Where to store lemons for a ‘sweeter’ and ‘juicier’ taste

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Lemons can be juiced, zested or sliced for use in everything from herbal teas to sweet desserts, but their flavour can vary depending on how you store them. While these round yellow fruits have a rightful spot on the counter, they have a much longer shelf life in the fridge and can even taste better for it too. But it’s not as simple as placing them loose in the crisper drawer or on a shelf.

According to Anina von Haeften, co-founder of the food delivery service Farm to the People, fresh lemons are best stored in airtight containers that can be kept in the fridge. 

She said: “You can keep them on the counter but they won’t last as long and will start to dry out. On the counter they will last about a week and in the fridge they can last up to a month.”

Anina explained that the sealed container helps the fruit to “stay jucier” and “keep their moisture for longer”, which in turn, slows down the ripening process.

While an extended shelf life means you’re less likely to lose your lemons to dreaded mould growth, it can also make them more flavoursome when you get around to eating them too.

The Farm to the People founder noted that the chilly fridge environment maintains the soft texture of the rind while helping to “keep their flavour intact”. 

Maddy Rotman, head of sustainability at Imperfect Foods added that while all lemons are acidic, the taste of each individual fruit has a lot to do with how dry they are.

She said: “When lemons are fresher, they are sweeter and less acidic than when they start to dry out, which happens quicker at room temperature.”

So, if you like a sweeter lemon, there’s no better place than the fridge for these waxy citrus fruits.

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It’s not just how you store whole lemons that you need to think about either. With so much on offer from just one lemon, there is no reason why you can’t wrap up the leftovers of a used one.

Maddy explained that the rind is just one part you should consider keeping hold off even after juicing or slicing the rest of the fruit.

She said: “Lemon zest is so versatile in cooking and baking, so even if you don’t need it right away, pop it in a sealed container in the freezer and thaw when you’re ready to make the lemony desserts you’ve been dreaming about.”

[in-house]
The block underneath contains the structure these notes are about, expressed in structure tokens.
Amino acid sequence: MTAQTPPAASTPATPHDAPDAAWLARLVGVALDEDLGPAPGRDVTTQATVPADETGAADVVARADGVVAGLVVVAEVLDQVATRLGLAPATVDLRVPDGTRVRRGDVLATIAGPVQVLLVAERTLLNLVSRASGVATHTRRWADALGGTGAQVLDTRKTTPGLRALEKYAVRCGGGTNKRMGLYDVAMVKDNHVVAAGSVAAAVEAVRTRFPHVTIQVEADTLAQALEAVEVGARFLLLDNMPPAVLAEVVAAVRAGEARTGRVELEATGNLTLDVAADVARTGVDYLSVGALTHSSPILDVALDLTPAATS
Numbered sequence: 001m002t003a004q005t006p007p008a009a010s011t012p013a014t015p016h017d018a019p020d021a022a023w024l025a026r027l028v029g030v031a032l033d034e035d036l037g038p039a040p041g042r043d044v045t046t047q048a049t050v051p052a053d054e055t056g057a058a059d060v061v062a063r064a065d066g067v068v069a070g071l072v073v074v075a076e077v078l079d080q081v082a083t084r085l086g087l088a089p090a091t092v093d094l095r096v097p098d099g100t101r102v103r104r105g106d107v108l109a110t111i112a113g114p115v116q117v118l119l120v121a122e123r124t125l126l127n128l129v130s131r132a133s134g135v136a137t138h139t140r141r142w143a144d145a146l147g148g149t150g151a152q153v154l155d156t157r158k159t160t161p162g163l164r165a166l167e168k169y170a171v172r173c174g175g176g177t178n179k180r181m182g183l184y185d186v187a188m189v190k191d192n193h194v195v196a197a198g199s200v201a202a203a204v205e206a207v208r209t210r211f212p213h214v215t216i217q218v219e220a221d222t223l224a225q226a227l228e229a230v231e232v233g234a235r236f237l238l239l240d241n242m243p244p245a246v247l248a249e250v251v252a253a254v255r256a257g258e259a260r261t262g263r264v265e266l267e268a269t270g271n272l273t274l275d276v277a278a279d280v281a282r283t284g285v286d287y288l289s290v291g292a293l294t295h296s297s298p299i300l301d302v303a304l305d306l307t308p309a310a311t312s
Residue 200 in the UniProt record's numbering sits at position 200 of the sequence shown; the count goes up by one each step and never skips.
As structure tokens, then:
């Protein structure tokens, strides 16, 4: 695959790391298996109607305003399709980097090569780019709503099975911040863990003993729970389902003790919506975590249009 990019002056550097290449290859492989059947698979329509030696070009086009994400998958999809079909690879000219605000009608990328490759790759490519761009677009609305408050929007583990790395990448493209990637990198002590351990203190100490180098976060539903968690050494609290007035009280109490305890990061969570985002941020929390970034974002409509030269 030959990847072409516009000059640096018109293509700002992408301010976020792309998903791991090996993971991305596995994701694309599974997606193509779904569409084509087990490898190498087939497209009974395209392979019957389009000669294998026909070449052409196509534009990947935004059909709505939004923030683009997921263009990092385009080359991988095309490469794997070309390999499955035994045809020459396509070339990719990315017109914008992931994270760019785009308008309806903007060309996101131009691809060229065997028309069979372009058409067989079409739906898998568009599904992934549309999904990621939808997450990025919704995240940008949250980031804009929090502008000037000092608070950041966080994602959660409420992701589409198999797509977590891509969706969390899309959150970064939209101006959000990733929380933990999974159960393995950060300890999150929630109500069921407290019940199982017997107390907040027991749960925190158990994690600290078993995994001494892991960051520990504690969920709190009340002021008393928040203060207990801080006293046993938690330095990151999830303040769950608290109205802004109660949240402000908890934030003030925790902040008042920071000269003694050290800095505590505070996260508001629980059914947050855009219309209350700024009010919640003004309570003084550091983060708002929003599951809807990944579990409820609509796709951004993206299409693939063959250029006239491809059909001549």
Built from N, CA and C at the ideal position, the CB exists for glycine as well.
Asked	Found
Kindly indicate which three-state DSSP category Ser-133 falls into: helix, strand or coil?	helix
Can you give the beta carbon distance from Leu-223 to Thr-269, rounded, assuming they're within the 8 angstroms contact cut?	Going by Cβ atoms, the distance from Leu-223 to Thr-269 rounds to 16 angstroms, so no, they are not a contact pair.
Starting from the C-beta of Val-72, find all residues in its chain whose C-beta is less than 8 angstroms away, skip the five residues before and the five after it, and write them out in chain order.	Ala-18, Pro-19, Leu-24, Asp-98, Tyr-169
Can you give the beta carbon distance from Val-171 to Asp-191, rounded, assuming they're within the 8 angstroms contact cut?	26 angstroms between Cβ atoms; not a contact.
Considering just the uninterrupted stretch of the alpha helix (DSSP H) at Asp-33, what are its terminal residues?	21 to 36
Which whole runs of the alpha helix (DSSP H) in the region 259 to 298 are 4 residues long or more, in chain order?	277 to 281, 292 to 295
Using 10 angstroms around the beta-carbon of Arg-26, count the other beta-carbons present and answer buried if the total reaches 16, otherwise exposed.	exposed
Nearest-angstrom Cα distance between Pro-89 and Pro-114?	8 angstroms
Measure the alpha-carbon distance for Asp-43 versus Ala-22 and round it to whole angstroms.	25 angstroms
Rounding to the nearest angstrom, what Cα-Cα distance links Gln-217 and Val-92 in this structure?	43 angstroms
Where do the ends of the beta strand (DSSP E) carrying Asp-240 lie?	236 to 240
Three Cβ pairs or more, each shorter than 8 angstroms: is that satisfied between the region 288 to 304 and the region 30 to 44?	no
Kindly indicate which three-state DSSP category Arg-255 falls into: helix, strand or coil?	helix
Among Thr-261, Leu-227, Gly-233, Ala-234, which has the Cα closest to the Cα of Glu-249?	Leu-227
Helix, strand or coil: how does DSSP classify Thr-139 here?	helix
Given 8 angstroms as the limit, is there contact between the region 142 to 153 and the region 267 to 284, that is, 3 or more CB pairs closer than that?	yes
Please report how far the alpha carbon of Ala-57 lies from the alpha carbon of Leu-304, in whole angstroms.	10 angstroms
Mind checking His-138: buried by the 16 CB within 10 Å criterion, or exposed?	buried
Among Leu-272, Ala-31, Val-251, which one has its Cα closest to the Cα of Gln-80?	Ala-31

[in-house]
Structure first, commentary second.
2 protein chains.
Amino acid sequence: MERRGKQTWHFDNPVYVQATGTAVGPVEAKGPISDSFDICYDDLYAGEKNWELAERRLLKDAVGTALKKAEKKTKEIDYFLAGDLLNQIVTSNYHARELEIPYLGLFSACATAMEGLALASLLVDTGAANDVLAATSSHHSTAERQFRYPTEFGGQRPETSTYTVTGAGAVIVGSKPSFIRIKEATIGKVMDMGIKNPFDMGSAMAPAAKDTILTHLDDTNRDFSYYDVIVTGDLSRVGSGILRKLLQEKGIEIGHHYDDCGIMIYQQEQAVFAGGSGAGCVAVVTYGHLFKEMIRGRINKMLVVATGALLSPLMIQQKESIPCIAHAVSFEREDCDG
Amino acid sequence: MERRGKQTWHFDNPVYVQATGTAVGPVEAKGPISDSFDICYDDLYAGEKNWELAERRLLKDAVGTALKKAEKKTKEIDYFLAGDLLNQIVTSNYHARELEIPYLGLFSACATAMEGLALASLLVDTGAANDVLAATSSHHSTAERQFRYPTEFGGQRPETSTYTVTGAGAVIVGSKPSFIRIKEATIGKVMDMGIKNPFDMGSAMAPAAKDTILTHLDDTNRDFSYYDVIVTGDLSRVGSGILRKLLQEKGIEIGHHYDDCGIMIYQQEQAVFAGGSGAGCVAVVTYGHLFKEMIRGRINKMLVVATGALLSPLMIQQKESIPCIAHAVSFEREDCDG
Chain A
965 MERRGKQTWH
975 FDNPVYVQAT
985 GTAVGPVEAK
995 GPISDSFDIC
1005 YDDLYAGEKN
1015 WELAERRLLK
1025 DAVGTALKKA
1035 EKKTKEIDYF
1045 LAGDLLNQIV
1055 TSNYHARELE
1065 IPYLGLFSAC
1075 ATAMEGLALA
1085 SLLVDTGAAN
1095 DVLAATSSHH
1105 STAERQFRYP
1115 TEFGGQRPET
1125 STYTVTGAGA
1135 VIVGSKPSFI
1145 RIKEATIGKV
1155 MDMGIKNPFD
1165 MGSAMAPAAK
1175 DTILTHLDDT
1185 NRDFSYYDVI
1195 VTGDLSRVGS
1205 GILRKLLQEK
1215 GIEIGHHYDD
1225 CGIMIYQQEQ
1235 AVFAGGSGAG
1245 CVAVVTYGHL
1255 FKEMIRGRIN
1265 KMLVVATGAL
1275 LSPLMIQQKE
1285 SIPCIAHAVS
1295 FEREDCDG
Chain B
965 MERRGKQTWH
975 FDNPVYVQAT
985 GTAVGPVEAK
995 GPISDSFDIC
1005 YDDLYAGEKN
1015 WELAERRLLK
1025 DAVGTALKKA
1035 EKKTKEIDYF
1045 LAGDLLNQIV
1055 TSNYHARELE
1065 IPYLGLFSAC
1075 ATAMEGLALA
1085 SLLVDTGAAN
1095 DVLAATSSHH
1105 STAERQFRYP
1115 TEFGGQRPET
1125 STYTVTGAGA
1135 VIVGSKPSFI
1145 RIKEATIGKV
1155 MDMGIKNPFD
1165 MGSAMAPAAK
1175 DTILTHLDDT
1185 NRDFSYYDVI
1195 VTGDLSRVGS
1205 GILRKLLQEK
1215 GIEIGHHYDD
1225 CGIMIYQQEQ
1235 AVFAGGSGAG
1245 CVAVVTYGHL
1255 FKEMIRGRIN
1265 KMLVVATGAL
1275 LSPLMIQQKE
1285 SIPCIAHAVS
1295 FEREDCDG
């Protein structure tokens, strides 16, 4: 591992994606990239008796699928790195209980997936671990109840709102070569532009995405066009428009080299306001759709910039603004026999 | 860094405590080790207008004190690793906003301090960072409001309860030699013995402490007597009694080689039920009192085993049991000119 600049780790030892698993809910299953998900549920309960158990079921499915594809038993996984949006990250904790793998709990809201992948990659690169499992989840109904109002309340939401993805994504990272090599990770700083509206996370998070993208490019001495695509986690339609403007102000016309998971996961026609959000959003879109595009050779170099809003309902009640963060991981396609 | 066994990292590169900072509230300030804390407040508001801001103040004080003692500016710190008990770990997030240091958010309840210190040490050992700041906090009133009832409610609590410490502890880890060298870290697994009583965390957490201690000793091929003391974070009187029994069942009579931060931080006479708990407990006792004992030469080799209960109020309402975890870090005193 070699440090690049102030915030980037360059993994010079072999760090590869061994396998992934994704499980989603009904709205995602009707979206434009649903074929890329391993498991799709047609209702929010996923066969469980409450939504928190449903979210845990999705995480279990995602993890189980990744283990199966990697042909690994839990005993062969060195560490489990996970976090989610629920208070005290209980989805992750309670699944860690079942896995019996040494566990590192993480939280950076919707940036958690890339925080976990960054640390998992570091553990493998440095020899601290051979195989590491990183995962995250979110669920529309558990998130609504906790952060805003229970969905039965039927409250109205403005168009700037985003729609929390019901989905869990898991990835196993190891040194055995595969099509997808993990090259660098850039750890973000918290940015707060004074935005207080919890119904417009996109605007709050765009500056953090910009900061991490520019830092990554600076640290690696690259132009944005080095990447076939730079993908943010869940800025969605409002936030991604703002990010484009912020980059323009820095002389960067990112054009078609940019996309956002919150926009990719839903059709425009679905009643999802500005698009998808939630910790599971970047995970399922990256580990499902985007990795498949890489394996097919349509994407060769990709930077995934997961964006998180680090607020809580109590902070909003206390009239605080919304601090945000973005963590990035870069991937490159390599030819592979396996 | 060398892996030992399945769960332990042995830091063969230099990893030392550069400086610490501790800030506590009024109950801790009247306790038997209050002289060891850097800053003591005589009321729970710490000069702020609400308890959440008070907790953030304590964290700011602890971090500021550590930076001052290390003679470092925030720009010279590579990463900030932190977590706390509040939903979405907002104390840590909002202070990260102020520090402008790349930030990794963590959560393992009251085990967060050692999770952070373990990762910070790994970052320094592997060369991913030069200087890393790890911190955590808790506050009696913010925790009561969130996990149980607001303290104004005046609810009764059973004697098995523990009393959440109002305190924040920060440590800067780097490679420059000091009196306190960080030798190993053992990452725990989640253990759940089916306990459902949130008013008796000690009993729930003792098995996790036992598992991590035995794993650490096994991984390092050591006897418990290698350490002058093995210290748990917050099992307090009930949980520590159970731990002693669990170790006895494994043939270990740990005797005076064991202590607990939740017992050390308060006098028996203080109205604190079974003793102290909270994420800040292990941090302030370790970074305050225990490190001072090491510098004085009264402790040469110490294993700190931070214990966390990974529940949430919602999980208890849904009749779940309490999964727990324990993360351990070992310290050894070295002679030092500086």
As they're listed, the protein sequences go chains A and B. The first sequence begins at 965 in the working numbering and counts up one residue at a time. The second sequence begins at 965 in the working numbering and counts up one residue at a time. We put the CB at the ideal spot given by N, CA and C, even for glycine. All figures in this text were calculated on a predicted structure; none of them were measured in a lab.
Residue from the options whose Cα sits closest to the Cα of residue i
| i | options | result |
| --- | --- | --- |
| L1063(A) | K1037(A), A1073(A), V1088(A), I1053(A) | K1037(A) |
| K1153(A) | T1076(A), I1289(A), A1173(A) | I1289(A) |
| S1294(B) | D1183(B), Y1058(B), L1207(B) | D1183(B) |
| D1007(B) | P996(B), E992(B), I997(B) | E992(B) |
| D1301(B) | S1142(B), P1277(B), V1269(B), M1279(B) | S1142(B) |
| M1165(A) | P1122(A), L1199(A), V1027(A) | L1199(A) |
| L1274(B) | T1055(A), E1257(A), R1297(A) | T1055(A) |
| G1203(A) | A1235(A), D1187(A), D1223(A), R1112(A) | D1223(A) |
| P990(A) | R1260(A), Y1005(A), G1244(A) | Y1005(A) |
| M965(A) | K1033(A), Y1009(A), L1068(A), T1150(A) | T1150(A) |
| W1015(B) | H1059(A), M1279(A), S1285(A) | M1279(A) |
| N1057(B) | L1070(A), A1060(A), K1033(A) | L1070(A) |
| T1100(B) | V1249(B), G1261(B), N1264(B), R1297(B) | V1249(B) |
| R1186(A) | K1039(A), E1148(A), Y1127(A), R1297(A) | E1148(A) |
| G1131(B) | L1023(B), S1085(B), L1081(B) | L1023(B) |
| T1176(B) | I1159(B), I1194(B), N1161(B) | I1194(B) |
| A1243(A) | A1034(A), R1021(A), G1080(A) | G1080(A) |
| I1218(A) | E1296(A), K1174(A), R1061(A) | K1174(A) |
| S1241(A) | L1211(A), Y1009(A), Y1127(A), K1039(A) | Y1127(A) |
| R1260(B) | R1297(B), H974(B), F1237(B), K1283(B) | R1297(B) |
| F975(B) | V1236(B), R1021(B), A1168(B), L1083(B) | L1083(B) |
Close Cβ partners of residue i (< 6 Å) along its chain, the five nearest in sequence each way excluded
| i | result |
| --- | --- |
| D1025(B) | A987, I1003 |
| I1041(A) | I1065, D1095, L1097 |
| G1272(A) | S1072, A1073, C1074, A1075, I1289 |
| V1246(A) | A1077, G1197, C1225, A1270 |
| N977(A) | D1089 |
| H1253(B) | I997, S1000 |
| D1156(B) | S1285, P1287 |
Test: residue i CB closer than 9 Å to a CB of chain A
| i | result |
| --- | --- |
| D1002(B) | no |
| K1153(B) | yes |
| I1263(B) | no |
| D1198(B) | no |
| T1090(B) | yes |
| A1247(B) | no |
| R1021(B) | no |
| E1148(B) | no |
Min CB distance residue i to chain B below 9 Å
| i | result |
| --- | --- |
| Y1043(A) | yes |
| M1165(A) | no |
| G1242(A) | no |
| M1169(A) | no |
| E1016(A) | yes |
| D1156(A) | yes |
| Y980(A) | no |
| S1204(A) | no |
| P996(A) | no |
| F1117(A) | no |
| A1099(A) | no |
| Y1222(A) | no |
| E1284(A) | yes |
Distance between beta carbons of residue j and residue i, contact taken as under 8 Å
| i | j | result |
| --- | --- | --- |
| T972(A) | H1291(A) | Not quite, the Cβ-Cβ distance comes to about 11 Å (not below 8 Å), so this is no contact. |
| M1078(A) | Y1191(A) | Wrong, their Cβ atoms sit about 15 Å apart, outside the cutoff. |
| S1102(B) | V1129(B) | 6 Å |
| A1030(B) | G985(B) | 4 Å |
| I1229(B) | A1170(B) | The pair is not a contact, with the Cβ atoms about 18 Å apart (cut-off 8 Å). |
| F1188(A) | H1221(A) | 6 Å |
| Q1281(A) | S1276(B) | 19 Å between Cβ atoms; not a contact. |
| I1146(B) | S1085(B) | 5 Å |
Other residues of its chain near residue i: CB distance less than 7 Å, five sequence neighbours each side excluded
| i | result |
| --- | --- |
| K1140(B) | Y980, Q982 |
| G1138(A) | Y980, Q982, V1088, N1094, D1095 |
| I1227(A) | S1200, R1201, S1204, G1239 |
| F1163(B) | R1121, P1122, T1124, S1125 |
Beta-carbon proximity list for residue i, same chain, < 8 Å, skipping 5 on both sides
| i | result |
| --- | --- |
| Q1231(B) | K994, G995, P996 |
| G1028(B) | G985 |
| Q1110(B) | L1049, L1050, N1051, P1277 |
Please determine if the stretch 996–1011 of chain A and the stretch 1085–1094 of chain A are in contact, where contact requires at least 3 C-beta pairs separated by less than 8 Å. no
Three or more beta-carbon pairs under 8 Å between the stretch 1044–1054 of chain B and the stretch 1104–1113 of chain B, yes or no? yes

If you have a perfect half to keep hold of, you can keep t extra fresh by covering the exposed end with plastic wrap or popping the whole thing in an airtight container.

You will need to consume the lemon half soon after before it dries out, though you should have at least three days to make use of it.

If it’s lemon juice that you’re left with, consider keeping it in a sealed container in the fridge.

The acidic liquid should keep its flavour for a couple of days, though after that, it will taste best in cooked or baked goods rather than in tea or cold water.

Maddy suggested freezing the rest by pouring it into ice cube trays if you need more than two days to consume it.

When it comes to other citrus fruits, the same rule applies. Limes, grapefruit and oranges can be stored at room temperature or in the fridge.

Of course, the fridge will buy you a few extra days or even weeks in terms of shelf life, though the main thing to consider is how moist you can keep each variety of citrus fruit.

If you decide to store your products in the fridge, always remove them from their original packaging and transfer them into a container or mesh bag.

This allows air to circulate and slows down the growth of mould, lesions, or softened rind, all of which can quickly ruin your fresh groceries.

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